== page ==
German Art Dealer Busted Trying to Sell Fake Giacometti Sculpture

There are many forgeries of Alberto Giacometti's Walking Man. Courtesy of Cornell University Museum.
There are many forgeries of Alberto Giacometti's Walking Man. Courtesy of Cornell University Museum.

A court case has been brought against a German ring who stand accused of knowingly attempting to put a forged Alberto Giacometti sculpture on the market, Süddeutsche Zeitung reports.

A 67-year-old assessor named Wolf G., and a 60-year-old art dealer named Hans K., have been accused of fraud and falsification of documents. Wolf. G’s ex-wife Ulrike G., a 63-year-old lawyer and her 92-year-old mother have been accused as accomplices.

According to court documents Wolf. G acquired a fake Giacometti sculpture in 2008 in a barter deal with a man identified as Lothar Se., who was a member of criminal gang surrounding the Dutch Giacometti forger Robert Driessen.

Driessen and his gang are estimated to have made €8 million ($8.9 million) selling forgeries until they were apprehended in 2011. Police discovered over 1,000 bronze Giacometti forgeries in the gang’s warehouse. The authorities melted down the sculptures, but as the current court case shows, many are still on the market.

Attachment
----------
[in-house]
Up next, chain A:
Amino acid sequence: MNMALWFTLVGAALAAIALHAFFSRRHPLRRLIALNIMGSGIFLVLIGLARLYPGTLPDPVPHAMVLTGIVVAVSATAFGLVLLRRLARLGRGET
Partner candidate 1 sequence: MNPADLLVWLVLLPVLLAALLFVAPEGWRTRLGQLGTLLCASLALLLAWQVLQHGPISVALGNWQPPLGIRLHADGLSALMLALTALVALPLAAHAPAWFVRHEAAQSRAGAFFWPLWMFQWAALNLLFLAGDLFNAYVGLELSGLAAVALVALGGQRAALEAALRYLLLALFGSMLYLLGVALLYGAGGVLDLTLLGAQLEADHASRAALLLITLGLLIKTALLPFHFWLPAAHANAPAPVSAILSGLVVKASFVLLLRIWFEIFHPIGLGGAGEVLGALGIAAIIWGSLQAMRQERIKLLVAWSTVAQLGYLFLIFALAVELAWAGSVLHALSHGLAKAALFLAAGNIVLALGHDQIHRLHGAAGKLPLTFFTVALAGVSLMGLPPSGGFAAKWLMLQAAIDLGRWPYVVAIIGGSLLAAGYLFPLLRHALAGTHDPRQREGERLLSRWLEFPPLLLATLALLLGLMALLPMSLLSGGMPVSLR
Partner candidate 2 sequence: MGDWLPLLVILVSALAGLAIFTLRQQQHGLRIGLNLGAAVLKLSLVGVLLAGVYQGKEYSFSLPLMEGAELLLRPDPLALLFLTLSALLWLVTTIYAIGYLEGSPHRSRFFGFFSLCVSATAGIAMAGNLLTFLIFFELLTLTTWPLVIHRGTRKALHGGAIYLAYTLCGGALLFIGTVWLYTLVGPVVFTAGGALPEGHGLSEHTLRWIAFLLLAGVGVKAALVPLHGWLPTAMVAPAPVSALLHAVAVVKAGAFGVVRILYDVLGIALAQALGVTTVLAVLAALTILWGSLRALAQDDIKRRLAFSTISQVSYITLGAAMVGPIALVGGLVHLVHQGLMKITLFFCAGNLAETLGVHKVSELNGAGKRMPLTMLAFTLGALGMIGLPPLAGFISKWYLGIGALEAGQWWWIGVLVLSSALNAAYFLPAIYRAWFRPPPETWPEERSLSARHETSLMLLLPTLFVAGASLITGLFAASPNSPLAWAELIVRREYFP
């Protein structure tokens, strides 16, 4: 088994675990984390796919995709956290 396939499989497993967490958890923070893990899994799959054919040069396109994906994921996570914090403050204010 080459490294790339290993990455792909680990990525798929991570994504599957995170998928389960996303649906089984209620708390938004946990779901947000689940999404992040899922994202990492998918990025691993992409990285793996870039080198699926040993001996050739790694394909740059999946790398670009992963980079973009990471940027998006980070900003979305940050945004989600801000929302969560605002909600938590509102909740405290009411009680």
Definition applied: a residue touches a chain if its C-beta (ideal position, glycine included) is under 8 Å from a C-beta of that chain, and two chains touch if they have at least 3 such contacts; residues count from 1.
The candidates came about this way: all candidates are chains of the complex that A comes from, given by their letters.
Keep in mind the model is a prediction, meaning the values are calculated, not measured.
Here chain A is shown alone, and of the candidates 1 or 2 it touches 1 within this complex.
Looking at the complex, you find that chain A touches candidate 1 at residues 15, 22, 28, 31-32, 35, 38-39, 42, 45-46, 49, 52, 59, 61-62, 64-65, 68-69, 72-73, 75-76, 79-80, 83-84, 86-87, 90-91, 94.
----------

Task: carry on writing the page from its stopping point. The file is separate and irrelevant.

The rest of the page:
In March 2009 Wolf G. unsuccessfully attempted to consign the fake Walking Man sculpture to a Swiss auction house, asking CHF 5 million ($5.3 million) for it. A Giacometti expert identified the sculpture as a copy and it was sent back.

Wolf G. and art dealer Hans. K subsequently attempted to sell the sculpture to a private collector for €350,000 ($390,000), but the deal collapsed after the collector was unable to secure a loan.

Several months later the forgery was offered to Sotheby’s, Frankfurt where it was rejected once again.

Following a third unsuccessful sale attempt, Lothar Se. took back the forgery and was arrested after trying to sell the work to an undercover detective for €1.5 million ($1.6 million). The subsequent investigation led detectives to Wolf G., Hans K. and Ulrike G.

The case is already being compared to the German master art forger Wolfgang Beltracchi, who was released from prison in January (see Master Forger Wolfgang Beltracchi Released From Prison and Master Forger Wolfgang Beltracchi Claims He Saw His Painting in Albertina Museum).

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